That’s not the lesson you need to take away from this. The lesson you need to take away from this is that no one should supervise someone if they can’t do so fairly and without bias, and there’s no way a person can be fair and unbiased about the person they share a child with! And even if by some miracle you two are the incredibly rare exception to that, there’s no way your coworkers will believe it. I know I wouldn’t be able to. And I strongly suspect that you would have a very difficult time believing it if the situation involved someone besides you.

      1. Sunflower*

        Another big lesson here to learn- HR works in the best interest of the company. Sometimes that works out to be the same best interest of the employee but sometimes it doesn’t. Your disclosure to HR is never really private and I have to wonder if based off the things you mention in your original letter, the HR person didn’t give you a heads up because she was worried you and the father would try to pull one over on the company if you guys really thought you could continue working as such.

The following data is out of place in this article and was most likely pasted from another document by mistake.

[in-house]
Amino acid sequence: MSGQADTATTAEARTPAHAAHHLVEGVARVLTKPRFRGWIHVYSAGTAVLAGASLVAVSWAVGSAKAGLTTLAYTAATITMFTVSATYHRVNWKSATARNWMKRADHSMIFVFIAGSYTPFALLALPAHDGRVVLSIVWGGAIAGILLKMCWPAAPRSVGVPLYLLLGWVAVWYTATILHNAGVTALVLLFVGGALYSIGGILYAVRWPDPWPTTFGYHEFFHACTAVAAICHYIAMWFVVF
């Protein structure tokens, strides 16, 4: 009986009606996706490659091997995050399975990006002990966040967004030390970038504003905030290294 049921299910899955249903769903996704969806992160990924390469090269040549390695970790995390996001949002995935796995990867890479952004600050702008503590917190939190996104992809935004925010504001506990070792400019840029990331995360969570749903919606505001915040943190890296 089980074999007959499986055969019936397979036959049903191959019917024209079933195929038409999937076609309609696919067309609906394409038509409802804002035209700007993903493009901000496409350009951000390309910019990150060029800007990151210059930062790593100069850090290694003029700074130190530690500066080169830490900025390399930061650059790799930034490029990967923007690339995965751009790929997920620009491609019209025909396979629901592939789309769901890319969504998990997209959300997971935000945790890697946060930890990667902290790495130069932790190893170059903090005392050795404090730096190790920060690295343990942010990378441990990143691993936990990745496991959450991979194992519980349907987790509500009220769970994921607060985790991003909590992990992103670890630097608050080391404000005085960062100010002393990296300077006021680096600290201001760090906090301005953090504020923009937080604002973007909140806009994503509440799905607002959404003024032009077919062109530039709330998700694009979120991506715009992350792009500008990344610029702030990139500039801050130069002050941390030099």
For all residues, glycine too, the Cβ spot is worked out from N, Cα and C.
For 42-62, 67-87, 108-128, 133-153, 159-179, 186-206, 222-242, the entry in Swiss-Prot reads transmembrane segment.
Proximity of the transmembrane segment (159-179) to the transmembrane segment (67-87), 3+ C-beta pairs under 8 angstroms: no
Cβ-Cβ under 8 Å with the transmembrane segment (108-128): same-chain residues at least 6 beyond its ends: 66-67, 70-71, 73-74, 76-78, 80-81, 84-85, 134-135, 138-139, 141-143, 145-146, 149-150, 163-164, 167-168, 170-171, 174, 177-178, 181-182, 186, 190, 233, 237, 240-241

2. CommanderBanana*

        Same. I understand that relationships and pregnancies don’t follow neat timelines, but if I wanted to pursue a relationship with someone who was my boss and it was serious, I would find another job or I would want them to, or at the very least move to another department. I would be 100% not okay with having a relationship and then a child with someone I reported to. And the boss’s strategy shows some pretty poor judgment.

        Someone I know (vaguely) had a relationship with a superior at work and the superior got pregnant. They’re co-parenting – she’s still married to her husband and is raising the child with her husband – but they were both reassigned immediately once the situation came to light.

    2. SimplytheBest*

      Just want to point out that your disclaimer about being kind at the beginning of your comment does the opposite of what you want it to. It’s not kind at all. Just makes it very clear that you want to be nasty but are going to dress it up with some polite language.

      1. Workerbee*

        There is nothing in that comment that wasn’t said as kindly and sincerely as possible, under the circumstances. It’s offering guidance, not recriminations.